Jazzercise – The New Black

Jazzercise is the New Black

by Lindsay Dreyer — Oct 14, 2009 (the link above will take you to the original post site)

Read this great article about Jazzercise and you too will be convinced to give it a try! I know you will LOVE it! (especially if you are a girl 😉 – rachel<3

When most people my age think of Jazzercise they envision a room full of middle-aged women clad in pink Spandex leggings clapping and singing along to “Physical” by Olivia Newton-John. In fact, I can remember my mom skipping off to Jazzercise for her mid-afternoon workout—leotard, legwarmers, hi-top Reeboks and all.

Even though Spandex leggings are currently back in hipster fashion, times have changed since the Jazzercise craze of the ‘80s. This unique fitness/dance fusion program, which was founded in 1969 by Judi Sheppard Missett, who danced professionally with Giordano Jazz Dance Chicago, is experiencing a renaissance. And these days, it’s definitely not for the athletically challenged. In fact, it’s becoming popular in dance studios.

It’s not surprising considering the idea for Jazzercise began inside a dance studio. It was 1969, and Missett was teaching regular jazz class at the Giordano Dance School in Evanston, IL. Missett, who also studied theater at Northwestern University, found it difficult to retain students, but she wasn’t sure why. “So I interviewed them,” she explains, “and these particular women said, ‘Well Judi, we love the class and you’re a strong teacher, but you’re teaching the class like we’re going to go on and become professional dancers like you are, when in fact we don’t want to be a professional dancer, we just want to look like one.’” It was then that a light bulb went off in Missett’s head.

In order to cater to the students who loved dance but didn’t want to pursue performing careers, she turned the class away from the mirror and began mixing simple fitness exercises with Giordano-based jazz dance choreography. The results were immediate; by her third class she had over 60 students. Missett then took her fitness class out to Southern California where it took off. She stopped performing professionally and devoted her life to developing the Jazzercise technique. Over the next 40 years, the program grew and evolved into what it is today—a heart-pumping, calorie-burning mixture of Pilates, yoga, kickboxing, and strength training bound together by jazz dance choreography.

Since the program’s inception, most classes have been offered at recreational or fitness centers, but lately many dance studios have jumped on the Jazzercise bandwagon. Denise Wagner, artistic director of Wagner Dance & Music in Gilbert, AZ, added a Jazzercise program to her studio this past summer and so far the experience has been positive. “As an artistic director, I love to see dancers doing what they love to do—dance,” she explains. “And Jazzercise goes with our studio like peas and carrots.”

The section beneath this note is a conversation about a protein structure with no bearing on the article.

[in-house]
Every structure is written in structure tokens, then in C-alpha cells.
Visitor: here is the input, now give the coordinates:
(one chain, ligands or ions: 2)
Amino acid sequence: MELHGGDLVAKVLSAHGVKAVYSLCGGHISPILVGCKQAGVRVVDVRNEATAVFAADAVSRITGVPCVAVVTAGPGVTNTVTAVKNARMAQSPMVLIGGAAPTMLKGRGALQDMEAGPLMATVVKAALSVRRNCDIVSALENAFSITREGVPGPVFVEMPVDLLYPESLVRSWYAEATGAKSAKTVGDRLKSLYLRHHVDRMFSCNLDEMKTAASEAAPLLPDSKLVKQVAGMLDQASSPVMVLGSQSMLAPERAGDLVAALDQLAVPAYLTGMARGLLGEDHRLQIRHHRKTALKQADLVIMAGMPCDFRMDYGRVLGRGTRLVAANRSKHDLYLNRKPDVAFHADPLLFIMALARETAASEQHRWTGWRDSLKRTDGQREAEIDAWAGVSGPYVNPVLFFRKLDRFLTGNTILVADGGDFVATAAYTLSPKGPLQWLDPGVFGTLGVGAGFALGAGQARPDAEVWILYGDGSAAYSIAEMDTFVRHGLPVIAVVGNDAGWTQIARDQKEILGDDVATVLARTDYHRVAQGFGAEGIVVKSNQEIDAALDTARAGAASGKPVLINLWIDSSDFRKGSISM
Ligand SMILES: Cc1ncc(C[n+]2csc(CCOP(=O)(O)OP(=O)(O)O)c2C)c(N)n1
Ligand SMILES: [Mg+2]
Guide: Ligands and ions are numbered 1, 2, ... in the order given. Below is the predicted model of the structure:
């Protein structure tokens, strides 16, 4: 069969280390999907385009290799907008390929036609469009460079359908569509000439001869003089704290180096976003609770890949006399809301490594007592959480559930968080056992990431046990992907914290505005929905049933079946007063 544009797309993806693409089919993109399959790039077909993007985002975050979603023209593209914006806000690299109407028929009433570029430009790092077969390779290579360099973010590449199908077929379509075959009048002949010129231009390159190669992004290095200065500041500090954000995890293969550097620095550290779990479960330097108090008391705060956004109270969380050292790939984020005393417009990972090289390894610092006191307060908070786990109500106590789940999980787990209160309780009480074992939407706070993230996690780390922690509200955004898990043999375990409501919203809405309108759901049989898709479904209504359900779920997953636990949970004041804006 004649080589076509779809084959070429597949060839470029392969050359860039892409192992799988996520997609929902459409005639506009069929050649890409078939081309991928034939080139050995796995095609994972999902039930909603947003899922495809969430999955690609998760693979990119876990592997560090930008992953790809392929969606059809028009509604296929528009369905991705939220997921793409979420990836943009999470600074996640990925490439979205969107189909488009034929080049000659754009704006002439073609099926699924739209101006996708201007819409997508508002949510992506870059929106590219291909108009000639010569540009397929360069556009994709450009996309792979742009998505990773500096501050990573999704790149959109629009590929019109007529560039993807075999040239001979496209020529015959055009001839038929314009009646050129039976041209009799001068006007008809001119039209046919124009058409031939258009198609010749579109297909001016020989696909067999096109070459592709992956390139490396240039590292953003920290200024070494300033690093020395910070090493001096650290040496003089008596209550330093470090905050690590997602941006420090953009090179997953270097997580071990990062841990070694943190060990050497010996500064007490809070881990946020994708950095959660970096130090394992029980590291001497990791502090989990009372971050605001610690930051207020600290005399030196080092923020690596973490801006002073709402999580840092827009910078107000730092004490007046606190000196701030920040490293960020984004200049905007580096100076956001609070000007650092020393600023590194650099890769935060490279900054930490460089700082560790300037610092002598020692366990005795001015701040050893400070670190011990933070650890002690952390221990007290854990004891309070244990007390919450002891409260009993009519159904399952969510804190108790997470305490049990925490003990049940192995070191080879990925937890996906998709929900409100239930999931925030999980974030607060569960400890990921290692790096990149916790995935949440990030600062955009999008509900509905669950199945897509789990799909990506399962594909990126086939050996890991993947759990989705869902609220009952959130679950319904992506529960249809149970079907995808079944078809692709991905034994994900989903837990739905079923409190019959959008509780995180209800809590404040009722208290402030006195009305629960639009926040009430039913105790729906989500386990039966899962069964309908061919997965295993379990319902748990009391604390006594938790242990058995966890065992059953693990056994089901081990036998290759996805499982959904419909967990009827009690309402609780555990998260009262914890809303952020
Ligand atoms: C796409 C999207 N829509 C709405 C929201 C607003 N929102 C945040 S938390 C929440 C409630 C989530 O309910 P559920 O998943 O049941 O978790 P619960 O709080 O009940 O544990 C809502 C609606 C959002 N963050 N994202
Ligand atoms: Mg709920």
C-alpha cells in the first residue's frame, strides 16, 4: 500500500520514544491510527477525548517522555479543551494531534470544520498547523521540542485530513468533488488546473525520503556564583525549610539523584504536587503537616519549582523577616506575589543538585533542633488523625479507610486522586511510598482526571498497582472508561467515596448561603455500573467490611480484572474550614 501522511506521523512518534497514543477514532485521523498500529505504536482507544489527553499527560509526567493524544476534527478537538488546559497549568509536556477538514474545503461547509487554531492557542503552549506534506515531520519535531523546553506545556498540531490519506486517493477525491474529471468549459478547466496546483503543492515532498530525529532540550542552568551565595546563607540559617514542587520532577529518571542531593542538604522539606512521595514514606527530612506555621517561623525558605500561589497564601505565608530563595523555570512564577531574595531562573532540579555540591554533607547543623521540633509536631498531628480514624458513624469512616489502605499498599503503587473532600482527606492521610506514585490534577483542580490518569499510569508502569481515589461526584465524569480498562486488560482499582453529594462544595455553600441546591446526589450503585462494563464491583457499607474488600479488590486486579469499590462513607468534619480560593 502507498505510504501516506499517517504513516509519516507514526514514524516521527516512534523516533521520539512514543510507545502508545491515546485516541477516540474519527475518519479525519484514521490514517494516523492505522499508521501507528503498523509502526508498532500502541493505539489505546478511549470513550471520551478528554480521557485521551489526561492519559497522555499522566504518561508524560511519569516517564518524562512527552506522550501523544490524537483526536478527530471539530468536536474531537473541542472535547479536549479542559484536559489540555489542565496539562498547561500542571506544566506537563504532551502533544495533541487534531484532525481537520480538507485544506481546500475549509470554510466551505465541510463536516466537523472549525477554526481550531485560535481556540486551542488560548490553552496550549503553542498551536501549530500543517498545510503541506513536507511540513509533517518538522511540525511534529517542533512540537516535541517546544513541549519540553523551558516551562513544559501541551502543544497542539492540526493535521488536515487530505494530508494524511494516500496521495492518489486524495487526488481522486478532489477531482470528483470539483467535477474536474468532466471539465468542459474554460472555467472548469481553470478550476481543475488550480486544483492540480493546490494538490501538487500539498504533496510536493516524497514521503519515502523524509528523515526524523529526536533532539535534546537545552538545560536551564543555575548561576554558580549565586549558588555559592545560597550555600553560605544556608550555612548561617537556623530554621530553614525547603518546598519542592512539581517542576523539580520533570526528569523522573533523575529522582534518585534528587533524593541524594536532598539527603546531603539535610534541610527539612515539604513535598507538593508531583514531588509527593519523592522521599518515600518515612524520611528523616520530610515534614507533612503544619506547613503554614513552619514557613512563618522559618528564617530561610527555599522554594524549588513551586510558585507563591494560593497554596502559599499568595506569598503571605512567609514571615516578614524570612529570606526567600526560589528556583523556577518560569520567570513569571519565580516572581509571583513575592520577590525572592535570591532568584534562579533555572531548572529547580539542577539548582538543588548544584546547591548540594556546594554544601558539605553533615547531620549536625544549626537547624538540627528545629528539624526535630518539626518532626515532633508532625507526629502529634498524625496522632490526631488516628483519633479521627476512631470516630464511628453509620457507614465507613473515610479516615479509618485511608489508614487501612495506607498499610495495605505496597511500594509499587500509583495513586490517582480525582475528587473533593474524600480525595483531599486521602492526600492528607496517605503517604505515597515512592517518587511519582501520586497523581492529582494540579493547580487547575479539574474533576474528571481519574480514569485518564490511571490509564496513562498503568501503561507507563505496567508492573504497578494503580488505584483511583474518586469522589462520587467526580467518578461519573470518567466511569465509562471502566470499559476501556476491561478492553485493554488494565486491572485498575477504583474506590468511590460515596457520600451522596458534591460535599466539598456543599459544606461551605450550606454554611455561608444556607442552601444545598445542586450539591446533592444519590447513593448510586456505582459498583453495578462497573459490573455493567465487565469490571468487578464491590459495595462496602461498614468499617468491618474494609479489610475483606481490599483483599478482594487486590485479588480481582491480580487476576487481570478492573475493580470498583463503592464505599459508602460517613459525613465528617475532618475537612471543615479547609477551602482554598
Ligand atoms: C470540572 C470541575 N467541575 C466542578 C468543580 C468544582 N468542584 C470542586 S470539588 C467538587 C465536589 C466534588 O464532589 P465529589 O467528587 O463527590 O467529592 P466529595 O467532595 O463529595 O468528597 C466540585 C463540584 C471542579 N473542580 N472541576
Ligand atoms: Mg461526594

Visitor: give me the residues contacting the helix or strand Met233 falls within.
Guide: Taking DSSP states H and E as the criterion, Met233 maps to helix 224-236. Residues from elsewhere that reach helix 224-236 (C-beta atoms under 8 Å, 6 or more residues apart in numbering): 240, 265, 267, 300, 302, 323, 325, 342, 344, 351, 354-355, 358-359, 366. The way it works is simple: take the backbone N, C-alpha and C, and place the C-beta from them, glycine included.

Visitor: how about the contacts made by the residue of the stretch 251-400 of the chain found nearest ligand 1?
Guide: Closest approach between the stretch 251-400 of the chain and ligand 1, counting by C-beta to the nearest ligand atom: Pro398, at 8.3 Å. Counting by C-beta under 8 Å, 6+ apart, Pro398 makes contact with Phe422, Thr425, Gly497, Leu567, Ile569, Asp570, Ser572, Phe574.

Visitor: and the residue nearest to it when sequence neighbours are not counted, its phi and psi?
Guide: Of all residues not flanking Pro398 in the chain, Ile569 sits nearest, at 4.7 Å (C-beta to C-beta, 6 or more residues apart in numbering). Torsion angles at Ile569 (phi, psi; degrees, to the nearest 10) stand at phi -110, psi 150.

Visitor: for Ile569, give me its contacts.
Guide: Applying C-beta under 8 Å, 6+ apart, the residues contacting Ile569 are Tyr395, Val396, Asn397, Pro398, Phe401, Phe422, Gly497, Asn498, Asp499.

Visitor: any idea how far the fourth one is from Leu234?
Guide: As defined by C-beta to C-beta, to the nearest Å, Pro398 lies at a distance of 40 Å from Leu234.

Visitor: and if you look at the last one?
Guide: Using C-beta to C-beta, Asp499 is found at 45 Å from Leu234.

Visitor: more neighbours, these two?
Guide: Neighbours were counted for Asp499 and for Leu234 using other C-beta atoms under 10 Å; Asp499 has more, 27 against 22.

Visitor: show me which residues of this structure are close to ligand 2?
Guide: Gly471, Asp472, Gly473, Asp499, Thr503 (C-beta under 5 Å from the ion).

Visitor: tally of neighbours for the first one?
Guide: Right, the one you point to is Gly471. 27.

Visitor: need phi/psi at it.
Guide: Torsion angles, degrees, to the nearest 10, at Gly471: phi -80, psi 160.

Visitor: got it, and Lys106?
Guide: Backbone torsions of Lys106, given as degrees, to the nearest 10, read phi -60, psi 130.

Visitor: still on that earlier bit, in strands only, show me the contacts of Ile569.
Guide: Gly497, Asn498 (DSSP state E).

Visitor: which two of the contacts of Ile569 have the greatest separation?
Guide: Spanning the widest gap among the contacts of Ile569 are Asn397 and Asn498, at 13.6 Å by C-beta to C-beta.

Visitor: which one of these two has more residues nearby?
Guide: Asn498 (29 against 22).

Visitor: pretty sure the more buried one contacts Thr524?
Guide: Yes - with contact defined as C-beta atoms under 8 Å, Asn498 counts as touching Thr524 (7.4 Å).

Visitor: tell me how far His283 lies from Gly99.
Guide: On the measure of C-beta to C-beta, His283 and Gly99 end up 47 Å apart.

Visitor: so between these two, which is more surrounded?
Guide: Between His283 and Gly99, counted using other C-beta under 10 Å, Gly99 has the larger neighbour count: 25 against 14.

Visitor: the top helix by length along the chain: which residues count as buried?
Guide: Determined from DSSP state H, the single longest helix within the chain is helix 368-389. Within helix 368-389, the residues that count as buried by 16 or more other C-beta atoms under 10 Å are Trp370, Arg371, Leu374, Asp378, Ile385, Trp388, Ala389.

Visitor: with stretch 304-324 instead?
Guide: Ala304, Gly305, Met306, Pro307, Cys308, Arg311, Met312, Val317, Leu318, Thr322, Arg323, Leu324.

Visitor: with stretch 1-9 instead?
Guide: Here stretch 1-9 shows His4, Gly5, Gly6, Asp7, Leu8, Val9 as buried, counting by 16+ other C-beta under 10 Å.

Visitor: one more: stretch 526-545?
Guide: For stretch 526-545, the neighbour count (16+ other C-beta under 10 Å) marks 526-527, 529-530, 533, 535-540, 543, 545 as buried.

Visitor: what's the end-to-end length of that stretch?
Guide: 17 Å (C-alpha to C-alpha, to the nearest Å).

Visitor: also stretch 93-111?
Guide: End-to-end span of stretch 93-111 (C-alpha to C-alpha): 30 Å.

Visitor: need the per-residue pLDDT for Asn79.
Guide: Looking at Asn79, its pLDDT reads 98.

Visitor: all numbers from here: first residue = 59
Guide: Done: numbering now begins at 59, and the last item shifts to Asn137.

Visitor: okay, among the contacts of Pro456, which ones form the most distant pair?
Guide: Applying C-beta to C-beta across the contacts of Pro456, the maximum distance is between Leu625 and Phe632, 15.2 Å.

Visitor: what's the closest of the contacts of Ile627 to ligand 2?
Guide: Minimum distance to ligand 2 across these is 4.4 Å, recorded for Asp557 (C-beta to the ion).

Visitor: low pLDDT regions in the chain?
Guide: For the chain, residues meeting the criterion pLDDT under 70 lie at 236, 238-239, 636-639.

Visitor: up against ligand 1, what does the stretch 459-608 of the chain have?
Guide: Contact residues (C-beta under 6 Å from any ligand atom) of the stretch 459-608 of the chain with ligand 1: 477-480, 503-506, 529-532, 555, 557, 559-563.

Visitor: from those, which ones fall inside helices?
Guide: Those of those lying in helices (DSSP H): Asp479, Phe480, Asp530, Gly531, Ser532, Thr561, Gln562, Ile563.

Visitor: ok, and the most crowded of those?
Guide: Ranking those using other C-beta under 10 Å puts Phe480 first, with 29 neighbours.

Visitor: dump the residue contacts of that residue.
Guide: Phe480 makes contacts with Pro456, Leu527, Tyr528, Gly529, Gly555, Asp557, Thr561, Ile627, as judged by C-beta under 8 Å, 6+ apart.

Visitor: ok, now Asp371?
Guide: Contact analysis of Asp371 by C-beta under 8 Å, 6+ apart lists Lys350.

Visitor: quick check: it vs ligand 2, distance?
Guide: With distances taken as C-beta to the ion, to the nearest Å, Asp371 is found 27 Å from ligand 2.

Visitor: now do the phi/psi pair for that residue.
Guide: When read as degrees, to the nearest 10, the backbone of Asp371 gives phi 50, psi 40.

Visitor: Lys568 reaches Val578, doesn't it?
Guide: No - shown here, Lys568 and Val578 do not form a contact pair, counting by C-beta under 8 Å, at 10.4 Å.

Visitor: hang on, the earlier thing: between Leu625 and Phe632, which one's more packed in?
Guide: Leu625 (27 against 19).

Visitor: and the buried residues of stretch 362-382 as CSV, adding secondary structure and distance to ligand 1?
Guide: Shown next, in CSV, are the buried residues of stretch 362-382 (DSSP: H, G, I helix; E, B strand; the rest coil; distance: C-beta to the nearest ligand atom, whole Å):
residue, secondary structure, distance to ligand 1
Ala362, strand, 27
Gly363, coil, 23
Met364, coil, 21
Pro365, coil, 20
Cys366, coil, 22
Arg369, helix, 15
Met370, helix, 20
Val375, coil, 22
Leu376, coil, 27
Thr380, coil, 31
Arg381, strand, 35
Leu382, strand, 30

We all know (or should know!) that dancers and dance teachers need additional cardio vascular exercise. Missett believes that a 60-minute Jazzercise workout 3-4 times a week would do the trick, especially for those who already love jazz. With new combos every 10 weeks, all of which are still choreographed by Missett, Jazzercise aims to keep things fresh while reaching across many levels and ages. Classes are offered in Lite, Body Sculpting, Personal Touch, Express, Step, Circuit Training and Junior.

For dancers who are trained in jazz, the most comforting thing is that they’re already familiar with the style and terminology before setting foot in the class. “The kind of jazz choreography that I incorporate into Jazzercise is very Giordano technique,” says Missett. “That’s what I know and that’s what I learned.” In fact, she teaches every year at the Jazz Dance World Congress, which was founded by Giordano in 1990.

Jazzercise cardio exercises include classic jazz steps like grapevines, jazz squares and kick ball changes. It sounds easy, but when done quickly, repetitively and with a hint of Giordano stylization, these simple moves become shockingly difficult. Unlike regular dance classes that stop and start, Jazzercise is one continuous stream of movement, another reason it is becoming so appealing to artistic directors who want to get the energy level up in their studios.

For studio owners the benefits go beyond the obvious improvements in health and stamina; Jazzercise is a great way to increase business, especially when enrollment is down. Not only can you attract new students, but you can also appeal to people who are already in your studio on a daily basis—moms. “It is a perfect opportunity for the moms of our students,” reveals Wagner. “Typically we hear someone say, ‘I used to dance or I always wanted to dance.’ We suggest they register for Jazzercise.”

Just like any other dance technique class, choosing a Jazzercise instructor should be a selective process. “A knowledgeable instructor is essential for Jazzercise,” says Wagner, who attributes the success of the new program to her teacher Sara Medina. “When hiring a teacher we look for someone with extensive teaching experience and passion. The students look for someone they can trust and someone who inspires them to do their best.” For Missett and the rest of the 8,000 Jazzercise instructors around the world, the inspiration comes from helping others stay fit while having a great time.

These days it seems like everything old is new again, including Jazzercise. All you need is a positive attitude. Spandex leggings and Olivia Newton-John tunes, on the other hand, are completely optional.

For more information, visit Jazzercise.com.

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